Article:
The hip is one of the largest and most important joints in the human body. It helps support the body and allows us to walk, kick, swing, and dance. So when it begins to ache it can be frustrating. Pain can present as a dull ache, a burning sensation, or a sharp, intense pain.
Occasional pain is normal and is generally nothing to worry about. Chronic, intense pain is different. This type of pain can affect your quality of life and may be a sign that something else is wrong.
But how do you know the difference between normal soreness and when your hip pain is a cause for concern?
What Causes Hip Pain?
The hip is a ball-and-socket joint, just like the shoulder. This means that the joint has a greater range of motion than most other joints in the body. But while this allows for greater flexibility, it also makes the joint vulnerable to injury. Injuries from stress, overuse, and improper use are common among people of all ages.
As humans, we tend to be rough on our bodies. We lift that piece of furniture that’s a little too heavy, push ourselves too hard at the gym, or forget how old we are when playing basketball with friends. It’s only natural that our bodies fight back. Our bodies use pain to rein us in and remind us not to take it so far next time.
The Consequences of Hip Pain
Aside from injuries, pain can indicate a more serious issue. It can alert us to an underlying disease that requires medical attention. Conditions like osteoarthritis and bursitis can cause wear and tear on the joint. This can lead to severe pain and joint weakness.
If left untreated, these problems can get worse and lead to more severe injuries like fractures from a fall. When pain does not respond to standard treatment protocol including ice, rest, and anti-inflammatories, it may be cause for concern.
It’s not a good idea to ignore the pain. Many times, someone will choose to wait it out to see if it improves or goes away on its own before making an appointment with a doctor.
Waiting may be okay in some circumstances. But ignoring joint pain for too long can increase the likelihood of more significant damage.
An orthopedic surgeon can help you determine the source of your pain before an injury happens. Getting ahead of your pain can improve your quality of life and may prevent more serious injuries.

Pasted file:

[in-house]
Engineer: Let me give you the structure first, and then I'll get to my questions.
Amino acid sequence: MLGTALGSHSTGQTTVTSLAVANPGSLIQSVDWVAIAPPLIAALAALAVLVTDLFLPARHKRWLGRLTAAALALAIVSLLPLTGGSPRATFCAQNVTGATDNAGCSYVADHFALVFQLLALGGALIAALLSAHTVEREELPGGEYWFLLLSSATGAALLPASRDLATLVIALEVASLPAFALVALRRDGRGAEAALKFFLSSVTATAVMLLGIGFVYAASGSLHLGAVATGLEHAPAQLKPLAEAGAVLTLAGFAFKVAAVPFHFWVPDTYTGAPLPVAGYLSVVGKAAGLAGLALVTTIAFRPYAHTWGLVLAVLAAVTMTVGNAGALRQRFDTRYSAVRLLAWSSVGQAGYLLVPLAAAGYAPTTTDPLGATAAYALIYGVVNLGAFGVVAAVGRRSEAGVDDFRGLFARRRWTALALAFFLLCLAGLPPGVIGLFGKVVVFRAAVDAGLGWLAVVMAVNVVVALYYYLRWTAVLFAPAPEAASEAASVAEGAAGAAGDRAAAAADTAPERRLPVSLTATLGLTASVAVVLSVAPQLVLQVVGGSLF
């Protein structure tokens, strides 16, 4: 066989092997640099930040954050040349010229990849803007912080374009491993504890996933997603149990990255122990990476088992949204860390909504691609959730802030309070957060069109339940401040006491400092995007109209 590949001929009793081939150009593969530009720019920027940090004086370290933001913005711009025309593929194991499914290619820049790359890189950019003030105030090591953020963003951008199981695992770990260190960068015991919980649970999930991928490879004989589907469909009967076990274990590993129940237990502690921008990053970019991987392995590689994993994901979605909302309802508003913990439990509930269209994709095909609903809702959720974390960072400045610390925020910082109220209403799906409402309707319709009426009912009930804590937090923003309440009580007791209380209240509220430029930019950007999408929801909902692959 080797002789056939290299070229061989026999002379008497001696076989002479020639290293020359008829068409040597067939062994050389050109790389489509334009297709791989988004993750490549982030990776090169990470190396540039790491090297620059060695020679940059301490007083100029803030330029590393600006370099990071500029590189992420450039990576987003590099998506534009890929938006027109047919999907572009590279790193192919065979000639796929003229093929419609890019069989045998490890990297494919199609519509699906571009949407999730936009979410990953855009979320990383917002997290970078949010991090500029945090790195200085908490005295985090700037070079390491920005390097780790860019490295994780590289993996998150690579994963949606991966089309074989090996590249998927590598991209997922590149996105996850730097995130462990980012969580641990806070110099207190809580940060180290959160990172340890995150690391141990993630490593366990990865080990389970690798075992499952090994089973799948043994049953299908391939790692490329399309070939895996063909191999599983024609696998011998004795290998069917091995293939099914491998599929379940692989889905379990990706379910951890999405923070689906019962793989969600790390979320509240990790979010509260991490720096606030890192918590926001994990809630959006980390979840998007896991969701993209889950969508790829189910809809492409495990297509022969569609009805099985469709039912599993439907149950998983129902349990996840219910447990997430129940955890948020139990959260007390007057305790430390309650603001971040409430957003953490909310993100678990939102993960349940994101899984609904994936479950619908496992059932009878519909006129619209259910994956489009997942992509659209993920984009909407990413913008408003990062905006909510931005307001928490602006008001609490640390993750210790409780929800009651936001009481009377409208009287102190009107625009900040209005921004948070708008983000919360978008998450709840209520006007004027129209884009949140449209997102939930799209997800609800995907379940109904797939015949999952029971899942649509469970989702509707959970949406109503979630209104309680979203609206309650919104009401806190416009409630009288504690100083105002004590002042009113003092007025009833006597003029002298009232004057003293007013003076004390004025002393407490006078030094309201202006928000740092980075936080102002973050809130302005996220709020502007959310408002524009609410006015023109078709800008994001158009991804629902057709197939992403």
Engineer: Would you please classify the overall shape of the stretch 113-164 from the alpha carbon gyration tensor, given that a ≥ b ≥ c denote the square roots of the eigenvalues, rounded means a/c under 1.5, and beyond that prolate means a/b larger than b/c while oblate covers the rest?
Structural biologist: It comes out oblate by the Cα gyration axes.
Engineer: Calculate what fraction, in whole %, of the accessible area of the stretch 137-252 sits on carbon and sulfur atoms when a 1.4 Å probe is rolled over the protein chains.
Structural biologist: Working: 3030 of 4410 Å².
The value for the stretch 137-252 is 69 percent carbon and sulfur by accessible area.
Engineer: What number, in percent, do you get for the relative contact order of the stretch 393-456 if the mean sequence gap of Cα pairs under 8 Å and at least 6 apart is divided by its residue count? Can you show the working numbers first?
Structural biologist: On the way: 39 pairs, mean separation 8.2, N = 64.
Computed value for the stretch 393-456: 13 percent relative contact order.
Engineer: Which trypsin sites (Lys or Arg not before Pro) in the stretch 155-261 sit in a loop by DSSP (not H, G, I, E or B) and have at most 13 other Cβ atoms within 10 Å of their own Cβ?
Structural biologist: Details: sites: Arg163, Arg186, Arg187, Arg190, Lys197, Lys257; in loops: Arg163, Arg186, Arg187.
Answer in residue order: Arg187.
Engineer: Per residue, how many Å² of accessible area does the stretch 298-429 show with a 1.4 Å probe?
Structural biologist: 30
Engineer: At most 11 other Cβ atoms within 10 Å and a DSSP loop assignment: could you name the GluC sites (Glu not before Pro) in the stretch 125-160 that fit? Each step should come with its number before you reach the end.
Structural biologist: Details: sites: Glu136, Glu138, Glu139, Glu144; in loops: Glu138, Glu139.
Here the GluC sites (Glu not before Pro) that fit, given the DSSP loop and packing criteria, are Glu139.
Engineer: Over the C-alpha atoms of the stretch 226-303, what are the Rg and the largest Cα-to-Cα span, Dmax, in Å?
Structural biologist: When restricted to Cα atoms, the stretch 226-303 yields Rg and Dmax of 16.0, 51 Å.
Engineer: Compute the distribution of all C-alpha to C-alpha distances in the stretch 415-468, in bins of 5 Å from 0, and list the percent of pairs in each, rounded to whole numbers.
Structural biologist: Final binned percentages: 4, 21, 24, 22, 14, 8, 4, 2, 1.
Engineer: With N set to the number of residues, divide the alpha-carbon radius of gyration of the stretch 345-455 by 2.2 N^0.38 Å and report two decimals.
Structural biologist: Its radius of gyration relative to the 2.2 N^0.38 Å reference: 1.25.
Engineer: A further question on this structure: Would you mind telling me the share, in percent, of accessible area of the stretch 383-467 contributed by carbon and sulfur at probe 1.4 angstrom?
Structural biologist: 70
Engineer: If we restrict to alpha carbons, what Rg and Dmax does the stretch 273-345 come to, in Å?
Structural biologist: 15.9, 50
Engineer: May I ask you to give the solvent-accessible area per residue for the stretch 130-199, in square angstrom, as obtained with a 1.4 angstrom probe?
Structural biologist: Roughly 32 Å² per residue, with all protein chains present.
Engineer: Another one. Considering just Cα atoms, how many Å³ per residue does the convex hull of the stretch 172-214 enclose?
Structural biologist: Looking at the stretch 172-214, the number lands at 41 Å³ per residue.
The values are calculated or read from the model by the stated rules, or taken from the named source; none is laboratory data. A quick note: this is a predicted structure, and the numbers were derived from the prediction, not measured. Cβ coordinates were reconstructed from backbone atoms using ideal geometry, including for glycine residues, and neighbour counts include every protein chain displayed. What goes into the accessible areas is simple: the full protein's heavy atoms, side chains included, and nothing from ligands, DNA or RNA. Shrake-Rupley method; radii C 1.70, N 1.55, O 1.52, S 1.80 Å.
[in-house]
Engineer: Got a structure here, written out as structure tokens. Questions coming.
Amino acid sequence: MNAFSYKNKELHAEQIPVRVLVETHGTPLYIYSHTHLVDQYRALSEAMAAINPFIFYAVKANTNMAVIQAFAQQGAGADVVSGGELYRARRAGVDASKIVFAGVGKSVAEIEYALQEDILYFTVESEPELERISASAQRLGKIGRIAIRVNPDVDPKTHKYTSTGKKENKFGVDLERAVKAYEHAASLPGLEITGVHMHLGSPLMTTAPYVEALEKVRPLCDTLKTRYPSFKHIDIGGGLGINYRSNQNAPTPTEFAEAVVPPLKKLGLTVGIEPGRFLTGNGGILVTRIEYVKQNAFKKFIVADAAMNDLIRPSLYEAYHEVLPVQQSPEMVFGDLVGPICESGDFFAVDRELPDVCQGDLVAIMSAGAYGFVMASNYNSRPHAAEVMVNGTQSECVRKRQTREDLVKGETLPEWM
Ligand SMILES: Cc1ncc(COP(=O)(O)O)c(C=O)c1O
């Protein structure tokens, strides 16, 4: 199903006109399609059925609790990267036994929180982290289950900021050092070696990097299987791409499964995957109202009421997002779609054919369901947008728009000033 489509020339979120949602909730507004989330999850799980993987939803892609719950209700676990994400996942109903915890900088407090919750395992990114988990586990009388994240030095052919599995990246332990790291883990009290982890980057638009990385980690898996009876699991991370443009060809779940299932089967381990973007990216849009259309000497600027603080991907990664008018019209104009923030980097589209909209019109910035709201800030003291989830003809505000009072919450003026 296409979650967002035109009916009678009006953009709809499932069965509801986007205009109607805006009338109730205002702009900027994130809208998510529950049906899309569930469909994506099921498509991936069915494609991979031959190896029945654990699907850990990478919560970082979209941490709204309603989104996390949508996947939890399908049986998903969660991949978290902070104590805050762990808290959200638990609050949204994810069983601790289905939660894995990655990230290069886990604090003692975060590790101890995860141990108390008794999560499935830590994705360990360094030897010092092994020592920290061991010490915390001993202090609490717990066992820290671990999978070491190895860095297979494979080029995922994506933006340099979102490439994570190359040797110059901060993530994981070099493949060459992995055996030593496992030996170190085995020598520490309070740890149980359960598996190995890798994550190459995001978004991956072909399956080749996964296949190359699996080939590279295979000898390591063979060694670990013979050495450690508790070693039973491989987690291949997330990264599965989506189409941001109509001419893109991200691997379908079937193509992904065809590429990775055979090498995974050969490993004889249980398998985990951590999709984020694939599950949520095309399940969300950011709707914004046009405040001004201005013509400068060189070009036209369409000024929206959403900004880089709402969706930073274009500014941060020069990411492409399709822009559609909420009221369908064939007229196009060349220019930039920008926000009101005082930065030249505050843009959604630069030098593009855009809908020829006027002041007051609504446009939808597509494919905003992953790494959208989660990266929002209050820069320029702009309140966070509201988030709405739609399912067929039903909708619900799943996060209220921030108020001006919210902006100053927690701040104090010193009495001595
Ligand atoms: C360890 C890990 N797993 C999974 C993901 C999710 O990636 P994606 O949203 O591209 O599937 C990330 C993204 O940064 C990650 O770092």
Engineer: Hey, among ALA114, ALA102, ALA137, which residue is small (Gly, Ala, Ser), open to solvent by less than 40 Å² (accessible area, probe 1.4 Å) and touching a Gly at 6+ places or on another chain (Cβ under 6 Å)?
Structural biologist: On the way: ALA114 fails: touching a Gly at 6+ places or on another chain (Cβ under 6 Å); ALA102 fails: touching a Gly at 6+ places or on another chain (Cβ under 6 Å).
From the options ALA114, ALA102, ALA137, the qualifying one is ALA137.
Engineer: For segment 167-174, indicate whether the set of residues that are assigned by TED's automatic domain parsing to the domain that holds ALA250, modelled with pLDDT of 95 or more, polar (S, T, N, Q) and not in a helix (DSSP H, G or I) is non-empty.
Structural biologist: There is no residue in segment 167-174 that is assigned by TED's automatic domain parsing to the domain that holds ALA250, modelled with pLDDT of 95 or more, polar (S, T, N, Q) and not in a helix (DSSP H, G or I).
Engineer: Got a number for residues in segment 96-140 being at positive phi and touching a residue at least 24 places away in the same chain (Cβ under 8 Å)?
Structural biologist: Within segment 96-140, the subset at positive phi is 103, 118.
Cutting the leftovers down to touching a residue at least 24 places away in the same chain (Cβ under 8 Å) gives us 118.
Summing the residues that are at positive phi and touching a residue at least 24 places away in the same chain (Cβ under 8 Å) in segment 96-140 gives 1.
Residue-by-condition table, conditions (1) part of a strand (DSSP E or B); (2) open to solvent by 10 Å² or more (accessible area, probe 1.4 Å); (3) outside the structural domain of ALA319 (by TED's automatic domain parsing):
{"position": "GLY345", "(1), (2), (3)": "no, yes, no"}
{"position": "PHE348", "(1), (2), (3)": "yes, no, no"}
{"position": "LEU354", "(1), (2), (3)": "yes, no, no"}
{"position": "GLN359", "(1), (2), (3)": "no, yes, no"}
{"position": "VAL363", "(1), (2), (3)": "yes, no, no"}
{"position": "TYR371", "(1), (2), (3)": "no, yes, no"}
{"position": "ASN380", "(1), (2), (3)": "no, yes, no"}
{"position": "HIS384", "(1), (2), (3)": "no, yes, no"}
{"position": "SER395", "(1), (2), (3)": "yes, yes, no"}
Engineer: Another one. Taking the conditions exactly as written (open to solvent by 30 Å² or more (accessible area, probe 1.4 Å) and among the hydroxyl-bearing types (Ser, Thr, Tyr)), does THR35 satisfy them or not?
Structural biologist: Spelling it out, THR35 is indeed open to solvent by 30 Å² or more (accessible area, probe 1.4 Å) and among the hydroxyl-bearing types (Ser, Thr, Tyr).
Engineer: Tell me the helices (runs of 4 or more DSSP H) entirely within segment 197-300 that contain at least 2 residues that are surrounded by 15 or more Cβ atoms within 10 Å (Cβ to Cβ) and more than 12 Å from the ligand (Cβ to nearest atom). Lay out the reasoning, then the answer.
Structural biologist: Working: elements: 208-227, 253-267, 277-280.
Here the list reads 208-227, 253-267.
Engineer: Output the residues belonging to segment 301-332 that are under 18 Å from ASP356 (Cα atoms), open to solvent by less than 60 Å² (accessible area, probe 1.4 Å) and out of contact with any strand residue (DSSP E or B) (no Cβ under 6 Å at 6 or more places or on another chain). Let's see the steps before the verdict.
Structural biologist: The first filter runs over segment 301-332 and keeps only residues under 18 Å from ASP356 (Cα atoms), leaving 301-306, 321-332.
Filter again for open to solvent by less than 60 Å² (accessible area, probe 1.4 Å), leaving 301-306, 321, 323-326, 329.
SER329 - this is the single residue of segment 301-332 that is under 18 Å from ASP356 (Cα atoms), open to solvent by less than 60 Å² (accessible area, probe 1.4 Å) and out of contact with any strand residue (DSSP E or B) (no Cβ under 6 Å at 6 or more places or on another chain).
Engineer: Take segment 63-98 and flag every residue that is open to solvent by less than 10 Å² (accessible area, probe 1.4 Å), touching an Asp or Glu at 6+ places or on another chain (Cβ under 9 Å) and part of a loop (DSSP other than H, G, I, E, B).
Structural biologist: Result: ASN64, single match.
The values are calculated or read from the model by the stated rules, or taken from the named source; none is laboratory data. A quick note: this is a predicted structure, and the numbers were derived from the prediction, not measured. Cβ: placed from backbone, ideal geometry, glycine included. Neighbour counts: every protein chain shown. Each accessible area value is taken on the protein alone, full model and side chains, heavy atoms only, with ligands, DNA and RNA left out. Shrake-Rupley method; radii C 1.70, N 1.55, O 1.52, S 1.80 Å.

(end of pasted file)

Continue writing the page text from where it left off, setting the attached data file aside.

Let's take a closer look at some of the consequences of hip pain.
Hip Pain Can Increase Your Risk of a Fall
Falls are the number one cause of injury in older adults. One in four adults aged 65 and older fall each year. According to Health in Aging, arthritis and chronic pain are among the top causes of falls. But how does hip pain increase your risk of a fall?
There are a couple of ways. In some cases, pain can come unexpectedly. It can be so intense that it knocks you over. In other cases, an underlying issue can cause your hips to weaken and give out, resulting in a fall.
Falls can lead to more serious injuries, including fractures. Often, these injuries require long-term care and can cause permanent mobility issues. Recognizing and treating chronic pain can help prevent more serious injuries.
Your Pain May Be a Warning of a More Serious Issue
Pain is your body's internal warning sign. It is used to alert you that something is wrong. When there is no apparent injury, it's especially important to keep an eye on your pain. Hip pain can be a sign of a more serious condition.
As we age, the composition of our bone changes. Bones become more vulnerable to injury and disease, including osteoarthritis. Osteoarthritis is common in adults over the age of 60 but can affect anyone. It occurs when cartilage wears away, causing bone-on-bone contact. This friction can cause extreme pain.
Pain may also be a sign of bursitis. Bursitis happens when the bursae—fluid-filled sacs designed to cushion the body's joints—become inflamed. The disease generally presents as pain in the outer hip or pain at the front of the hip near the groin.
Your Pain Can Affect Your Ability to Complete Everyday Tasks
People tend to underestimate the effect that pain can have on their quality of life. When you are in pain, simple tasks like walking to the mailbox can be excruciating. In many cases, pain can keep you awake at night and interfere with your ability to get a full night's sleep.
But more than that, pain can affect your mental well-being, your social life, and your ability to work.
When you're in pain, you may try to avoid situations that cause it. This may mean skipping social events or calling in sick to work. These alone can have severe consequences, but the act of pulling back can cause social isolation, anxiety, and depression as well.
When Hip Pain is a Cause for Concern
Unexplained hip pain can have long-lasting and serious consequences. It can affect you both physically and emotionally. In some cases, hip pain may mean that there is something more serious going on.
That's why it's always important to talk to a doctor if something doesn't feel right. A simple consult with an orthopedic surgeon can help to determine the root cause of your pain and may help you reduce or even eliminate it.
At Weis Memorial Hospital, your comfort is our number one priority. Our care team will work with you to discuss your options and find a treatment plan that is right for you.
Contact the Chicago Center for Orthopedics at Weiss.